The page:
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CH 2: Atoms, Molecules, and Ions

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1 CH 2: Atoms, Molecules, and Ions

2 Chapter Outline History of chemistry (2.1 – 2.4)
Chemical laws – start with slide 8 for content, 3-7 FYI slides Path to the atom Modern atomic structure (2.5) Molecules vs. Ions (2.6) Naming molecular and ionic compounds (2.8) Introduction to the periodic table (2.7)

3 History of Chemistry Greek Philosophers: 5th Century BCE (BCE = before the common era - replaces BC) The Greek philosophers were the first to reflect on the nature of matter.  They proposed that all matter is made out of first 4 elements -- earth, air , water, fire.  Aristotle added a fifth element, plasma (also called ether). 

4 Greek Philosophers Democritus had an alternate view of matter.  He proposed that matter was  made up of tiny particles called atoms.  His "theory" was not well accepted at the time.

5 Alchemy Alchemy: ~600-1600's CE
(CE = common era, replaces AD) Alchemy developed at about the same time in China, India, and Greece. It spread into Europe in the 8th century.

6 Alchemy Alchemists had two pursuits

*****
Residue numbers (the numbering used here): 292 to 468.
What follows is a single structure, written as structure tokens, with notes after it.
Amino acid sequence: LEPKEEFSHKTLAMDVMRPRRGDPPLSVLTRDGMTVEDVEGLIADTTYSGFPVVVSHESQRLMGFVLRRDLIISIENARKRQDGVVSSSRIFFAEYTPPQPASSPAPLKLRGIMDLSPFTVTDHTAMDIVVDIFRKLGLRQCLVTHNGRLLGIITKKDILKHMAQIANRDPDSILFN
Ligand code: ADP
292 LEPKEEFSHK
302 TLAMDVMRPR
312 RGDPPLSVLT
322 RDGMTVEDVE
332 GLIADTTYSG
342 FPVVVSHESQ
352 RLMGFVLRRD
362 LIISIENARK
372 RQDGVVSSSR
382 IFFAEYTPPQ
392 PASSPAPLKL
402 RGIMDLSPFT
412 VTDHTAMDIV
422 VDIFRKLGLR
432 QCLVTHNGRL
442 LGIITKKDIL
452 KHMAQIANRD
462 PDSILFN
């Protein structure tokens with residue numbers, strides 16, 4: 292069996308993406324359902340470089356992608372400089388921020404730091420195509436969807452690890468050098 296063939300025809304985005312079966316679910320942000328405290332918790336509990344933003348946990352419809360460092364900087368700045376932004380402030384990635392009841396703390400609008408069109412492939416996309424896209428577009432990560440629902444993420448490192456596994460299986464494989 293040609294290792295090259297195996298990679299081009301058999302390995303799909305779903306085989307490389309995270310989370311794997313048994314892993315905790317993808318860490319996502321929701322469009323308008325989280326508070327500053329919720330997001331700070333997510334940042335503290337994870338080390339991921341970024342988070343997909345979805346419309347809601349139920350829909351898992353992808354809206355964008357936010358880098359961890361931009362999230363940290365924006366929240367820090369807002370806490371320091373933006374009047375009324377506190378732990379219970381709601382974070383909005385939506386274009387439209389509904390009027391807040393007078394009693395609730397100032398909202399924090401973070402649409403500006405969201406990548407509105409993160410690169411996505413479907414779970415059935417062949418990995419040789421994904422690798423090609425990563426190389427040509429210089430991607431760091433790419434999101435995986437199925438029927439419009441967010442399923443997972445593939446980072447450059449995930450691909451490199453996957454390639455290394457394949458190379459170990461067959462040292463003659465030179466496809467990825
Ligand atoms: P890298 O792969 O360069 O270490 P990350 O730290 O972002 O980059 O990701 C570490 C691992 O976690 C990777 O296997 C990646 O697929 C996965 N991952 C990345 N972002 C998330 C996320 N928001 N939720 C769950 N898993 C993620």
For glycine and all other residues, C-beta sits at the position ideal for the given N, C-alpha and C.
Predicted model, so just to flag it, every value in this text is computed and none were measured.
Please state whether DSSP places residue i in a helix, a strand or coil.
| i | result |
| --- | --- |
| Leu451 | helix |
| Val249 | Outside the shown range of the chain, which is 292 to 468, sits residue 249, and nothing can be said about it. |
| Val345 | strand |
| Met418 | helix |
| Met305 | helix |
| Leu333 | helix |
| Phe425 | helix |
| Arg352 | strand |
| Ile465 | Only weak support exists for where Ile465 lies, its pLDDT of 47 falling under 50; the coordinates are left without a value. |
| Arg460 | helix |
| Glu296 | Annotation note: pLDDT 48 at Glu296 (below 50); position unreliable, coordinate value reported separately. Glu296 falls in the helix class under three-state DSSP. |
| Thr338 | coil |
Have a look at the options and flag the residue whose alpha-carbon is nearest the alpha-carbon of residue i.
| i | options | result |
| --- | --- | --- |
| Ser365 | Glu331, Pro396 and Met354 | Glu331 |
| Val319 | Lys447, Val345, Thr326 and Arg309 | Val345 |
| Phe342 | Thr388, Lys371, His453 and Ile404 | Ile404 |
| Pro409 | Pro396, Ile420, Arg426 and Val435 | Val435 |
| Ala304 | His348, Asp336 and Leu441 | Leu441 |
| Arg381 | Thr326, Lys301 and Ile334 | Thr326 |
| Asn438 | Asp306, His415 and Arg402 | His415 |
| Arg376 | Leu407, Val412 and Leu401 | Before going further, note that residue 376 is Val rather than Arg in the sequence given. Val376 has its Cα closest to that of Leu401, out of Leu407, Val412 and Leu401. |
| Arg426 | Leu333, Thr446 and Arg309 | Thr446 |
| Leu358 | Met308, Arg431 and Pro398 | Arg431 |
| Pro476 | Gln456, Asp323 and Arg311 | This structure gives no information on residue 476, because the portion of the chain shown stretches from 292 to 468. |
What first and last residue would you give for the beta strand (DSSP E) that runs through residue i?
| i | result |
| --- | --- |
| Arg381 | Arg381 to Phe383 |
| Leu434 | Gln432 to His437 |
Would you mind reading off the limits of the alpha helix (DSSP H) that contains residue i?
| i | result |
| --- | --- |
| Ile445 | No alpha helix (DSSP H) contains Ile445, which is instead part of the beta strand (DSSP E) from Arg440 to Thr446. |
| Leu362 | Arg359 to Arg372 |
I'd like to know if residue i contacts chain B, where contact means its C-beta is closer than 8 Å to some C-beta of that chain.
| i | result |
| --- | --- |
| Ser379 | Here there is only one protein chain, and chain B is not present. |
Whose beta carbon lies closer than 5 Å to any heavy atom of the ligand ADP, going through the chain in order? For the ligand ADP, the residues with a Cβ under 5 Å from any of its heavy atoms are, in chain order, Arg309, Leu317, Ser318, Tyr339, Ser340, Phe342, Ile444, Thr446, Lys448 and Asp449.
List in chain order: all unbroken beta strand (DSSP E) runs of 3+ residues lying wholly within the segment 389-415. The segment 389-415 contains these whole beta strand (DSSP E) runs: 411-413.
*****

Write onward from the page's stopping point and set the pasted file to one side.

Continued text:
Search for a means to convert “base” metals into gold Search for the elixir of life Substance that would lead to immortality

7 Alchemy Advances from Alchemy Many new substances where identified
Plaster of Paris, nitric acid…. New lab techniques and equipment developed New medicines identified

8 Modern Chemistry, ~1600 on First chemists/physicists to use scientific method Boyle - elements Lavoisier – law of conservation of matter Proust - law of definite proportions Dalton – law of multiple proportions, atomic theory Avogadro - hypothesis Thomson – charge to mass ratio for an electron Millikan – charge on the electron Bequerel and the Curies - radioactivity Rutherford – nuclear atom

9 Modern Chemistry Robert Boyle: ~1660
Proposed a substance to be an element unless it can be broken down into simpler substances. Proposed one of the gas laws – CH 5 Boyle – studied the relationship between pressure and volume of a gas Boyle still believed in alchemy – that metals could be converted into gold